Well, the way I heard it was like this. There was a farmer over in Porter County who was plowin’ his field when the air suddenly cooled and everything went dead silent. The sky went dark and it began to rain. It was pourin’ down in buckets and the thunder was cracklin’ and the lightnin’ was flashin’ somethin’ fierce. And a bolt of lightnin’ spat out of the clouds and struck the farmer’s horse. It leaped up and snorted somethin’ pitiful and keeled over right where it was standin’. The farmer, he didn’t know what to do. He was just standin’ there in complete shock with the storm drenchin’ him and thrashin’ at his clothes. So he headed for his house through the blastin’ wind before the lightnin’ caught sight of him, too.
The next day he asked his helper to go out there and bury his horse. But his helper didn’t want to do it. Buryin’ a horse was a lot of work. He wouldn’t do it for no helper’s wages. They argued and bickered until the farmer offered him five dollars plus his usual wages. The helper wanted six-fifty, and he wanted it cash on the barrel, and the farmer finally agreed.
The helper took up a spade and headed across the field. Sure enough, there was the horse. It turned out just gettin’ the plow and harness off was six-fifty’s worth of work. The farmer didn’t mention that. So while he was diggin’, another storm brewed up just as fierce as the first one. The helper was cussin’ and diggin’ fast as he could when a bolt of lightinin’ shot down and hit the horse again, and woke him up. It scared the b’Jesus out of him, but it woke him up. And when it tried to scramble to its feet, it slipped in the mud and fell into the hole right on top of the helper, and neither of ‘m could get up. Then, as the hole filled with rain, the helper hollered and gasped and struggled and finally drowned. The horse kept on strugglin’ until he finally got up on all fours and climbed his way out.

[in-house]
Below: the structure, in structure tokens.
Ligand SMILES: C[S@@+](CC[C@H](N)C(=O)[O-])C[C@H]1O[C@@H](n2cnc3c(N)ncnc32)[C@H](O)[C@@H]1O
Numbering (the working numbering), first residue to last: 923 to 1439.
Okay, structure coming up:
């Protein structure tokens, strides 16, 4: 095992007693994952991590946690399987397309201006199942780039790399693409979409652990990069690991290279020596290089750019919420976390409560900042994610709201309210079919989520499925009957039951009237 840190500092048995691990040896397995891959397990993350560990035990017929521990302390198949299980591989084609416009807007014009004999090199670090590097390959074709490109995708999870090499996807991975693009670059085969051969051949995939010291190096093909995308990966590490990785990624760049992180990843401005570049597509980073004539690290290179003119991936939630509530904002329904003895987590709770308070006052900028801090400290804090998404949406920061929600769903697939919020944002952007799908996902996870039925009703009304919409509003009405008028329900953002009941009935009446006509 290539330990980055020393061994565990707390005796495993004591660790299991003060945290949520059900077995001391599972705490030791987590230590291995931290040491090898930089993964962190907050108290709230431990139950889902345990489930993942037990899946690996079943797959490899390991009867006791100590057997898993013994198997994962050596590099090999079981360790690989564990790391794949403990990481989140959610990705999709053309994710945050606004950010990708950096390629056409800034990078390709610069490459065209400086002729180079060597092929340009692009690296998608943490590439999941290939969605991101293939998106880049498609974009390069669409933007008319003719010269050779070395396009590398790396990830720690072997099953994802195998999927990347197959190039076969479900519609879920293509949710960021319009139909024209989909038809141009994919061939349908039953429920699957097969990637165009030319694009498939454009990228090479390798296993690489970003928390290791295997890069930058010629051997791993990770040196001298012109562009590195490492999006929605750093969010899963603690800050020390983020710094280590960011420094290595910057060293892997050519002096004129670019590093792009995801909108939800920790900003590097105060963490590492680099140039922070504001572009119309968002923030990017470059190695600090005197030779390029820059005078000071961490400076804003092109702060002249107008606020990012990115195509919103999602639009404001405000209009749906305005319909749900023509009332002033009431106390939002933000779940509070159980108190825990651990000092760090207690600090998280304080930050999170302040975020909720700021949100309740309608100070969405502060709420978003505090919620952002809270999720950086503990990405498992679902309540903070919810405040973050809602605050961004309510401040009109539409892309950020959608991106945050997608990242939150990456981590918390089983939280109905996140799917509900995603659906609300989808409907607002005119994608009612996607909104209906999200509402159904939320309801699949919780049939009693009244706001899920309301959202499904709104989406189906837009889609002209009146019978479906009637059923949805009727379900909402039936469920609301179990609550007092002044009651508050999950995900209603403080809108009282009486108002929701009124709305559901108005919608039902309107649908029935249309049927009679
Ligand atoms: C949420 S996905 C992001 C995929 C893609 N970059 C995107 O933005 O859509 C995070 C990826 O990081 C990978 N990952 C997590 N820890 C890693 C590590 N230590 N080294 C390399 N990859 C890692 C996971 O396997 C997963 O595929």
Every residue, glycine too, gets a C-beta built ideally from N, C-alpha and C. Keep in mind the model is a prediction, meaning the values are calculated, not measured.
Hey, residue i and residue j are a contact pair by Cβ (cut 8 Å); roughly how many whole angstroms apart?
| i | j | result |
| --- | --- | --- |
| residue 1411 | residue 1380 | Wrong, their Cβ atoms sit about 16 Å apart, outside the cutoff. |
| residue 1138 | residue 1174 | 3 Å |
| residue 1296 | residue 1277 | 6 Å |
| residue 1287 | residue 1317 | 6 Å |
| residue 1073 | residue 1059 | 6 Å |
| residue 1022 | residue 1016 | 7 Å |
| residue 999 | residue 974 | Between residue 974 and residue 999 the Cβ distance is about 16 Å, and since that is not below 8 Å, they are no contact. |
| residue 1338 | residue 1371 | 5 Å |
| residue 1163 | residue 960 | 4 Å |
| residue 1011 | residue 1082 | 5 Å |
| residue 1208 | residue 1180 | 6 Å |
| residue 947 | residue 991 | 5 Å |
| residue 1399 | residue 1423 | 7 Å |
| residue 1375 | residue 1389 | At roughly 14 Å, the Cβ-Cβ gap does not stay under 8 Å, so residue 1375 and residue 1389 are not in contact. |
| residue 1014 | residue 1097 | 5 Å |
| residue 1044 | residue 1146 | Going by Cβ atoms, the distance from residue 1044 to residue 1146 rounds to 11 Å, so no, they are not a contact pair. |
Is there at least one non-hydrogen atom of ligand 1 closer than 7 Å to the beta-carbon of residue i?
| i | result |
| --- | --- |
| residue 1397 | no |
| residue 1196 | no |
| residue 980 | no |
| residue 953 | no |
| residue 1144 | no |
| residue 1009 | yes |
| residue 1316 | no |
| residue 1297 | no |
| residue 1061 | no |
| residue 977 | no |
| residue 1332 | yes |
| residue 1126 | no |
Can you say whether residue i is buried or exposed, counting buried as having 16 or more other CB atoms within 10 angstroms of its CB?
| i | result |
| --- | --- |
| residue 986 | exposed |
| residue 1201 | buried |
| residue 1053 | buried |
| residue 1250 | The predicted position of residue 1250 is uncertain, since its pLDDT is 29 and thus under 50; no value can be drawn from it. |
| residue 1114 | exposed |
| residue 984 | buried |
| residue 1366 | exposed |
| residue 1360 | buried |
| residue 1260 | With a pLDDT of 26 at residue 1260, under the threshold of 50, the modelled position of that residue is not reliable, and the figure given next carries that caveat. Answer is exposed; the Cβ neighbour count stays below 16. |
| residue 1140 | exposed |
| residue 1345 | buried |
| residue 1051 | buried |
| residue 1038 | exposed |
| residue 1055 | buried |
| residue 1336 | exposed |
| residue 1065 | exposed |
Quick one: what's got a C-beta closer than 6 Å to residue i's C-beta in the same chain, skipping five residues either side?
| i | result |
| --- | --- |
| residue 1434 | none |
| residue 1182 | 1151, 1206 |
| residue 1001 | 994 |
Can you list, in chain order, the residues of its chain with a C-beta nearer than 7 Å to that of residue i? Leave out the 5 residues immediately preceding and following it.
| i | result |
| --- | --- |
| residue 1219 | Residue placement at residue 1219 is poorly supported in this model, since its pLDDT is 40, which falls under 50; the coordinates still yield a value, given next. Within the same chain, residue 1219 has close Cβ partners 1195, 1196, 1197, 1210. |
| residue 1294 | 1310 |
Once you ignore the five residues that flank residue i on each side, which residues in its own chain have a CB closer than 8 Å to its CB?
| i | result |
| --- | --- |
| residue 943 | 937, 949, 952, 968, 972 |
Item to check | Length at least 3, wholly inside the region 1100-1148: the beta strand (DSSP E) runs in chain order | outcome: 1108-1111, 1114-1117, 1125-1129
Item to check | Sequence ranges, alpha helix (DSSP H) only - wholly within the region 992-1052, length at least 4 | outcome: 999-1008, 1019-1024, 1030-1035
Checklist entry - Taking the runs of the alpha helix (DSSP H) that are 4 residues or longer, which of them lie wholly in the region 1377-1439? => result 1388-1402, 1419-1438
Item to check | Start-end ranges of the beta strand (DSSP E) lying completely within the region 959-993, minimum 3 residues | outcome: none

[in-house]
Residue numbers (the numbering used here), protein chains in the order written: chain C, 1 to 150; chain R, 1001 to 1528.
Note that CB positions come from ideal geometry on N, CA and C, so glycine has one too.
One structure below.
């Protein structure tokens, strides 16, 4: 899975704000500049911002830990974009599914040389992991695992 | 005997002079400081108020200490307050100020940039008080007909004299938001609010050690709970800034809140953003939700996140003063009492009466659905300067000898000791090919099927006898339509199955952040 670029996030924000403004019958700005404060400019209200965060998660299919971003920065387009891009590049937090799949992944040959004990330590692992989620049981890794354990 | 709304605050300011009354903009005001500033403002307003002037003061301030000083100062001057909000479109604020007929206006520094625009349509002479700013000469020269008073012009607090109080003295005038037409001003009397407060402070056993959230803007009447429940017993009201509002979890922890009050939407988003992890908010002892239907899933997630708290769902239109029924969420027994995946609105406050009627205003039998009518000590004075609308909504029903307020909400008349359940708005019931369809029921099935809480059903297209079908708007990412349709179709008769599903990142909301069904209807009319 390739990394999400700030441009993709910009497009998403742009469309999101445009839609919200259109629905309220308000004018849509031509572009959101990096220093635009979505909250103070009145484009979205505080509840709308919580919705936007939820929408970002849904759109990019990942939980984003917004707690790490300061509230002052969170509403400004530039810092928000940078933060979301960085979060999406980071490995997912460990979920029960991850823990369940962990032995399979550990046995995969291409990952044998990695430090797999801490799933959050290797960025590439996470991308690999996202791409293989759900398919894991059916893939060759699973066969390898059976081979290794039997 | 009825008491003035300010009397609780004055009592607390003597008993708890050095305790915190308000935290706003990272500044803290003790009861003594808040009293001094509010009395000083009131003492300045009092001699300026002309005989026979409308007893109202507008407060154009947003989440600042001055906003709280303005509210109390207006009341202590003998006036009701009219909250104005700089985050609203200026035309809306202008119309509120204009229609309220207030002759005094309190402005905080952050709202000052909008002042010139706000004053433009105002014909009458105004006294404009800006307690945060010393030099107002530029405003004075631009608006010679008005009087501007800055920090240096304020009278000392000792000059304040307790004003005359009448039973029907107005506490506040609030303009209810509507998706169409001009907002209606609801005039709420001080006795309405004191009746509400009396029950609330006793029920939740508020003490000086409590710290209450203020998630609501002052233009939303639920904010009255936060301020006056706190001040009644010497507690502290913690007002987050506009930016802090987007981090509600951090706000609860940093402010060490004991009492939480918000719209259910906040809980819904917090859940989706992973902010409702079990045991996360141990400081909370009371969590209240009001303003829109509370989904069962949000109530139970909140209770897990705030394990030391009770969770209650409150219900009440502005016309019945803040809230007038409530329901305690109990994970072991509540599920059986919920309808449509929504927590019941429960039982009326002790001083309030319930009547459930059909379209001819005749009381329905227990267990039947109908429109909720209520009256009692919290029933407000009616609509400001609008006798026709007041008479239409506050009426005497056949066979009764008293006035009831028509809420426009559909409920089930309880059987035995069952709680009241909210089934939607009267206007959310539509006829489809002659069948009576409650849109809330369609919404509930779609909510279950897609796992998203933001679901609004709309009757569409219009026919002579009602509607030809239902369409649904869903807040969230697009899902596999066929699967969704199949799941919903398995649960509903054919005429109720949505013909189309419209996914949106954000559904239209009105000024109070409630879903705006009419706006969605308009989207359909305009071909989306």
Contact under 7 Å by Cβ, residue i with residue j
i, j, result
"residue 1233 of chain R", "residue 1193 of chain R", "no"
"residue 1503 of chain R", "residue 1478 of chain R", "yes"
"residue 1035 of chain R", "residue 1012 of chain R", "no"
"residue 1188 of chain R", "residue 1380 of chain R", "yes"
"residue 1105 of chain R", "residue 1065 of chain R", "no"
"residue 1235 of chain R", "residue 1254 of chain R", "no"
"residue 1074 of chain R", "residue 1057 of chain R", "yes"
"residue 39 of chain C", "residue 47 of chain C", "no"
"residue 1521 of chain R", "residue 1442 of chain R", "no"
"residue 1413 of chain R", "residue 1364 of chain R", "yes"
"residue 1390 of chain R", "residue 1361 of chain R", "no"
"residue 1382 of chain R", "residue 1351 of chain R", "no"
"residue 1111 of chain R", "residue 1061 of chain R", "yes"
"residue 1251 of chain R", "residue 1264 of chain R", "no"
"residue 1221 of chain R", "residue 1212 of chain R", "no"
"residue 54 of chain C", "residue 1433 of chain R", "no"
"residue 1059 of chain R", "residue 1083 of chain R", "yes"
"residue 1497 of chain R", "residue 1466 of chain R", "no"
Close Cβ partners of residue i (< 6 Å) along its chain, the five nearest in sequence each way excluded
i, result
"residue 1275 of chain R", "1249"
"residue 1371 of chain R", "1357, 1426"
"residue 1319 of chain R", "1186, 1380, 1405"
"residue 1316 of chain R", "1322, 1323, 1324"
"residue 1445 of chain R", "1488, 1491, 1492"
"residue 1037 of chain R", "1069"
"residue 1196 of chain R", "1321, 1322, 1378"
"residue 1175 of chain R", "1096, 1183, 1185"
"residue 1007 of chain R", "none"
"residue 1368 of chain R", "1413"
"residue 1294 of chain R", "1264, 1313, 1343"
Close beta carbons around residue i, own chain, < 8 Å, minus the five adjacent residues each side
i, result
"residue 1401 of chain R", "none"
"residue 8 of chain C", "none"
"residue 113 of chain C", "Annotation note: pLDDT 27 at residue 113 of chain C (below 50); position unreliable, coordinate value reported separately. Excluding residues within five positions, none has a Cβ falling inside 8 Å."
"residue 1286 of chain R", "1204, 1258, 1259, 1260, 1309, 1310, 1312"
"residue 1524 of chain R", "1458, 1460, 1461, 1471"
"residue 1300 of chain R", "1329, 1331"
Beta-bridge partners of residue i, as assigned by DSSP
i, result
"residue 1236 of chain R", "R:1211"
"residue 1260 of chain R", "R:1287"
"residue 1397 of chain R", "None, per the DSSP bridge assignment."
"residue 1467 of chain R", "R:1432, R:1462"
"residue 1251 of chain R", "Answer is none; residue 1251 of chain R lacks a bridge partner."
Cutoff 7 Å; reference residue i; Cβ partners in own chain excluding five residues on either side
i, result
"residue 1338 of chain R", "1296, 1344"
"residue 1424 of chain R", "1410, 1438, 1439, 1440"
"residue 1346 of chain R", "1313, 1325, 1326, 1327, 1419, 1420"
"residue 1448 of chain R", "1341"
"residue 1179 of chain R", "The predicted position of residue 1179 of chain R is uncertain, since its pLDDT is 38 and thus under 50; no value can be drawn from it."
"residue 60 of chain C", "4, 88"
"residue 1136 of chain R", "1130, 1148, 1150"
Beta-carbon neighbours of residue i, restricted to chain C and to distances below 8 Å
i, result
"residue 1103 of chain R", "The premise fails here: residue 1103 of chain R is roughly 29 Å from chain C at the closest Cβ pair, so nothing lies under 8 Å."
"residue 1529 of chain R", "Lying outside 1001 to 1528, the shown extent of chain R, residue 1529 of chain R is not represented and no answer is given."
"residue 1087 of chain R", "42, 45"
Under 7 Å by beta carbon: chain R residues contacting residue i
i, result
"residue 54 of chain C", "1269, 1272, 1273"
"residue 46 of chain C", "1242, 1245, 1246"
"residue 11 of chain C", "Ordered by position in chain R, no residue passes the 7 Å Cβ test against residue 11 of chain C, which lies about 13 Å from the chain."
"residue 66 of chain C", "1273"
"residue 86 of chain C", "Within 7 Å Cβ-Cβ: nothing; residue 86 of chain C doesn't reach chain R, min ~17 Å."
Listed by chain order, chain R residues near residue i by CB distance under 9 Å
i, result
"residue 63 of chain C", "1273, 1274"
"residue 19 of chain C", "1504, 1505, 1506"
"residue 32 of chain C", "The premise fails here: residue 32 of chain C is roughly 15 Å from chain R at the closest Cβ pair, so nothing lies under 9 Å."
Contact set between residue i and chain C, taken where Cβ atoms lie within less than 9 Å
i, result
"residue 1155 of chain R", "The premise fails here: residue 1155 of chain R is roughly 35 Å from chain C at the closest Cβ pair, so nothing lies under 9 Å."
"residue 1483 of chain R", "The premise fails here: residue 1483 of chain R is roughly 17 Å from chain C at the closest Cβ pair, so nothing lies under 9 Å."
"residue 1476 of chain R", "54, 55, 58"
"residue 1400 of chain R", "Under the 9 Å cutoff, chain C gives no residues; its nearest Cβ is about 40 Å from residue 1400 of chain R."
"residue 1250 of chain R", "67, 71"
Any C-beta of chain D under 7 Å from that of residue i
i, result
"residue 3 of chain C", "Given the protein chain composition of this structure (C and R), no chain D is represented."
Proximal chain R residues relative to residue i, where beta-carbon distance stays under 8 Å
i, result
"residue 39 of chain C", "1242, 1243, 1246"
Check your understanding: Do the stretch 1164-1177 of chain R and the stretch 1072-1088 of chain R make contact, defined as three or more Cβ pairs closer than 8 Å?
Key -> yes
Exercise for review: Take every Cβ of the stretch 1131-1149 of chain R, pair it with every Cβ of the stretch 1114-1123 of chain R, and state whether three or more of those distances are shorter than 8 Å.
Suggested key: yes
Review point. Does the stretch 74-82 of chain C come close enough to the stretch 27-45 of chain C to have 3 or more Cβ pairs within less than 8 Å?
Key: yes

All night it rained and the sides of the hole caved in and all the dirt that was dug out turned to mud and flowed back in. So, after the rain stopped, and it all sunk into the earth, there weren’t nothin’ but a shallow dip where the hole used to be, and nobody was the wiser.
You can imagine the farmer’s surprise the next mornin’ when he seen his plow horse munchin’ peacefully on the weeds in front of his house, all clean as a whistle with his coat steamin’ from the drivin’ rain, just grazin’ like he was in the pastures of Heaven. The farmer, he had him a heart attack and died right there at the kitchen window, and there ain’t nobody who knows this story because there ain’t no survivors. And that’s a true story.